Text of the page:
Triathlon: High Performance blog Wed Apr 27

By Nicky Samuels

Nicky Samuels on the podium in Sweden. Photo / Getty Images
Nicky Samuels on the podium in Sweden. Photo / Getty Images

After racing the Abu Dhabi World Series race in late March I have been busy training in Wanaka, I also spent a few weeks in Australia to build up for the Gold Coast and then travelled to South Africa for the third round in the world series in Cape Town - here's how it unfolded.

I left NZ 2.5weeks before the Gold Coast race to do a bit of "heat training camp" not just for the GC but for Rio as well. There are a few races in the calendar the year this year that are going to be hot ones and it's important to not only race in the heat and humidity but train there as I know all too well it can impact heavily on your race if it's not accounted for. It was also great to get a little extra stress on my body from the heat in terms of the bigger training effect. The heat has always taken me a while to adjust to and in my training leading into this race I think the heat was really playing a factor noticeable in my paces and times.

The training on the Gold Coast was on the whole pretty good - the swimming is amazing.

I'm pretty sure they have more 50m pools on the GC than we have in NZ! Nearly every day I had a lane to myself in a beautiful 50m outdoor pool and along with some good running on the trails not far from where we were staying meant I got some really good sessions in. The biking was good once you got away from the town and traffic lights, however it makes for some extra "chamois time" when you have to add 20 to 30min on to every ride because of all the traffic and lights. Makes you really appreciate the riding in places like Wanaka - out your door and go!

The race itself on the Gold Coast was not far from where we stayed, and I've heard it is going to be the course for the 2018 Commonwealth Games - we could see little signs of the Commonwealth Games popping up everywhere. We swam in the harbour (although I argue it would be much more fun to put the swim on Surfers Paradise beach in the waves!). It was a good course however, with a 1000m lap followed by a 500m lap which is great as it's much nicer to spread the field out a bit more before the sometimes chaotic buoy turns. I really enjoyed it and it was non-wetsuit of course because the water temp was the same as the swimming pools at 27 degrees.

The swim went really well for me, I started on the far right hand side of the pontoon and got some clear water, I knew I was swimming ok in the pool and had a good swim in Abu Dhabi so was keen to have another good crack at it because the swim is so important when getting your race off to a good start - from avoiding the carnage at the buoys and in transition to getting out and into a good group on the bike. I was happy to be sitting comfortably in the front 1-2 people for entire swim and in the first few out of the water.

Onto the bike which was 8 laps of a relatively flat course with a few technical turns and one short hill in it, I was first out onto the bike and had a small group of 4 for the first lap on the bike, the others were of different abilities and the opportunity to get away never really eventuated. Slowly a group of 20 formed at the front and over the course of the race stayed about 45-55 seconds ahead of the main chase pack. Just after the halfway point in the bike 3 people went off the front up the short hill, I was caught near the back when the break happened and by the time I was in a position to do anything they were away off the front (gutted not to be in there) and the gap was too big to bridge across solo and I wasn't about to drag the entire pack up with another kiwi in the breakaway. It certainly makes you sit up and be more attentive about what's going on, but many attempts were made earlier and didn't stick but that's racing ;)!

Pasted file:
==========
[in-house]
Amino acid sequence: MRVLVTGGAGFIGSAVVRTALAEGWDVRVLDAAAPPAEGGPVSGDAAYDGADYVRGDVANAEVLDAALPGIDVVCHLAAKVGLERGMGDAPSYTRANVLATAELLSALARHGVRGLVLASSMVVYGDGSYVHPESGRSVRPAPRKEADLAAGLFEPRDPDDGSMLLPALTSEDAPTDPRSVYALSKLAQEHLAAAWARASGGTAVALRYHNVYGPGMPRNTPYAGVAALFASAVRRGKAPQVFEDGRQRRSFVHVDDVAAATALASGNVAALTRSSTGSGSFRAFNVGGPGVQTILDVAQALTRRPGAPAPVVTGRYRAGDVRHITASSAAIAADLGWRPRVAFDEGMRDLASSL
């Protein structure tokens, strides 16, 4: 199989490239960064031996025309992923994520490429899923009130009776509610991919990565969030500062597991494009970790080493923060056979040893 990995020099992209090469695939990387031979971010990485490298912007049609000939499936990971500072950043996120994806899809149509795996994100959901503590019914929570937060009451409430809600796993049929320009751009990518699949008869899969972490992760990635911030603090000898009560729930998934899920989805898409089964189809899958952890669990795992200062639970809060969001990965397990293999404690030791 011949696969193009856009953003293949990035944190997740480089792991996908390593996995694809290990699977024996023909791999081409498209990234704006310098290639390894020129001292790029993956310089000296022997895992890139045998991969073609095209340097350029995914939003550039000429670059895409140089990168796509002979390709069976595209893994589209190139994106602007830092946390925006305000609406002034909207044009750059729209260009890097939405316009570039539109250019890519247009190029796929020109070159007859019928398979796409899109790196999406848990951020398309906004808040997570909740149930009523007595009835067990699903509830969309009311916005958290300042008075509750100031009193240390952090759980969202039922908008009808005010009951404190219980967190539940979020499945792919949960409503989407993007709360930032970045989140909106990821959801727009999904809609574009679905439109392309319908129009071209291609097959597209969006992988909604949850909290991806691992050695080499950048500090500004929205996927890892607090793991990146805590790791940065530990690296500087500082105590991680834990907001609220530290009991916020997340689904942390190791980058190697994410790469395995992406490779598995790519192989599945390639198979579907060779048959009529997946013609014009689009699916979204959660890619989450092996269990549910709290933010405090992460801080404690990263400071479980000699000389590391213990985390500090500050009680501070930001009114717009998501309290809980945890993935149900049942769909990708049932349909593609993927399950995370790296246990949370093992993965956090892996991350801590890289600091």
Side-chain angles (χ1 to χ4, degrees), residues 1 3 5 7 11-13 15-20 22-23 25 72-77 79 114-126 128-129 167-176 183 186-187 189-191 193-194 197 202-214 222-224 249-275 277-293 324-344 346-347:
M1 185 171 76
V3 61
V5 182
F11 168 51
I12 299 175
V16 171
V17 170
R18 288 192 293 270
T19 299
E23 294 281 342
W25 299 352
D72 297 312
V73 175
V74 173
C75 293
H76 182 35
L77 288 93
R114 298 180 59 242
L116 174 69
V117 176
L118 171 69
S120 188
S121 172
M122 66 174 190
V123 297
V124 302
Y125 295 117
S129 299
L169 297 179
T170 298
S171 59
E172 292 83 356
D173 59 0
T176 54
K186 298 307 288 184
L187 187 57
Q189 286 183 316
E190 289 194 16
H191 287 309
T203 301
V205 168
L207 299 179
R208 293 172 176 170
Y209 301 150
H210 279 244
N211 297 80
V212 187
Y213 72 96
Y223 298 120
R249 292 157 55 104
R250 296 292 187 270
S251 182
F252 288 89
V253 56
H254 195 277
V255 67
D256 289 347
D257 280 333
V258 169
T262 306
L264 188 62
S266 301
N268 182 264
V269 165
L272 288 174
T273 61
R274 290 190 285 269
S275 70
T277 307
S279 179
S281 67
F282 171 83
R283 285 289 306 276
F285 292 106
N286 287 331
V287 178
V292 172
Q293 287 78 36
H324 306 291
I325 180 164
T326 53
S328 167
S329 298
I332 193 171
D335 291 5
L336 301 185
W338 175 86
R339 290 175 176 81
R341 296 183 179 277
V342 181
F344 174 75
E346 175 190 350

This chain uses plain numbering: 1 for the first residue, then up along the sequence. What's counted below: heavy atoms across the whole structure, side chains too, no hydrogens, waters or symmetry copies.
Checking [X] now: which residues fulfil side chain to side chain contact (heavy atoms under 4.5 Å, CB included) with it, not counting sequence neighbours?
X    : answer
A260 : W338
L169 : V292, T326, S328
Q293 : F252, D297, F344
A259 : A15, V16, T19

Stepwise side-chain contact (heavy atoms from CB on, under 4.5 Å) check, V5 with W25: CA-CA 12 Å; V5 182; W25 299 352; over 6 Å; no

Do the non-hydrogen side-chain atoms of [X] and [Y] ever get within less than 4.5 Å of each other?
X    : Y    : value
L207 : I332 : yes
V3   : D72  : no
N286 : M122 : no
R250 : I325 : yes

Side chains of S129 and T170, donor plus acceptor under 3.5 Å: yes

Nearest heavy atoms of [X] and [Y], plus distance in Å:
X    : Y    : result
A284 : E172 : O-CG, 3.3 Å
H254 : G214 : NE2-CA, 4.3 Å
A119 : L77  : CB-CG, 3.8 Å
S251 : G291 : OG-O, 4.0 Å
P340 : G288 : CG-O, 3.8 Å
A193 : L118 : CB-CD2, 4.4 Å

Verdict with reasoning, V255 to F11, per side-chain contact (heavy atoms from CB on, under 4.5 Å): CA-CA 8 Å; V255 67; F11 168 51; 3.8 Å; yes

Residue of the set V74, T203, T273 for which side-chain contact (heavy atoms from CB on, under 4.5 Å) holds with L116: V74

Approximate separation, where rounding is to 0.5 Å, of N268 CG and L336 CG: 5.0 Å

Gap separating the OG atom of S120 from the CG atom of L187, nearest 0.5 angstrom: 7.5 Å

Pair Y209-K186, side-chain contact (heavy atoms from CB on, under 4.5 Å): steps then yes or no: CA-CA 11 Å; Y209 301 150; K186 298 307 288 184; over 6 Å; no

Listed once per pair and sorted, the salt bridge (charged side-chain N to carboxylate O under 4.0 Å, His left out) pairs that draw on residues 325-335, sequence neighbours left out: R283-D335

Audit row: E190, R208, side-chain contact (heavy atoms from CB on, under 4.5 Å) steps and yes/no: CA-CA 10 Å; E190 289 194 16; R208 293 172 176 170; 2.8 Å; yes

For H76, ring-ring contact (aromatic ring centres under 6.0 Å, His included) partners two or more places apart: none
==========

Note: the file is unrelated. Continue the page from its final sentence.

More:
Onto the run and we had maintained 45 sec on the group behind us I knew my run legs were still not there and the sun at this stage was relentless. I managed the run ok, felt like I was stuck in 4th gear and didn't have the speed that that extra training would give me, I finished 20th and I guess content with another performance which relates to where my current level of training is at - building.

Following the GC race I stayed on as planned for another week, my coach also joined me for the last week as we thought training there would have been easier (and safer) than training in South Africa for a week preparing for the race. I had a couple of easy days but found myself rather fresh so got into it half way through that week.

I think when you end up running at a "steady speed" or not running "fast" the good thing is you don't seem to have the muscle soreness and feel the recovery is much faster. The weather also changed the last week on the Gold Coast and it was considerably cooler (for there!) and I got into some good training sessions and started hitting run times that I was running pre-injury (admittedly with longer rests) but still hitting times with good leg speed. I felt like I was back in the game - finally! Just maybe the next race being a sprint would go a bit more my way...

I went into the race in Cape Town in a really good frame of mind, training had been going well, I knew my swimming and biking was getting close to where it needed to be and I had a couple of good run sessions under my belt I was thinking a top 8 at least was on the cards.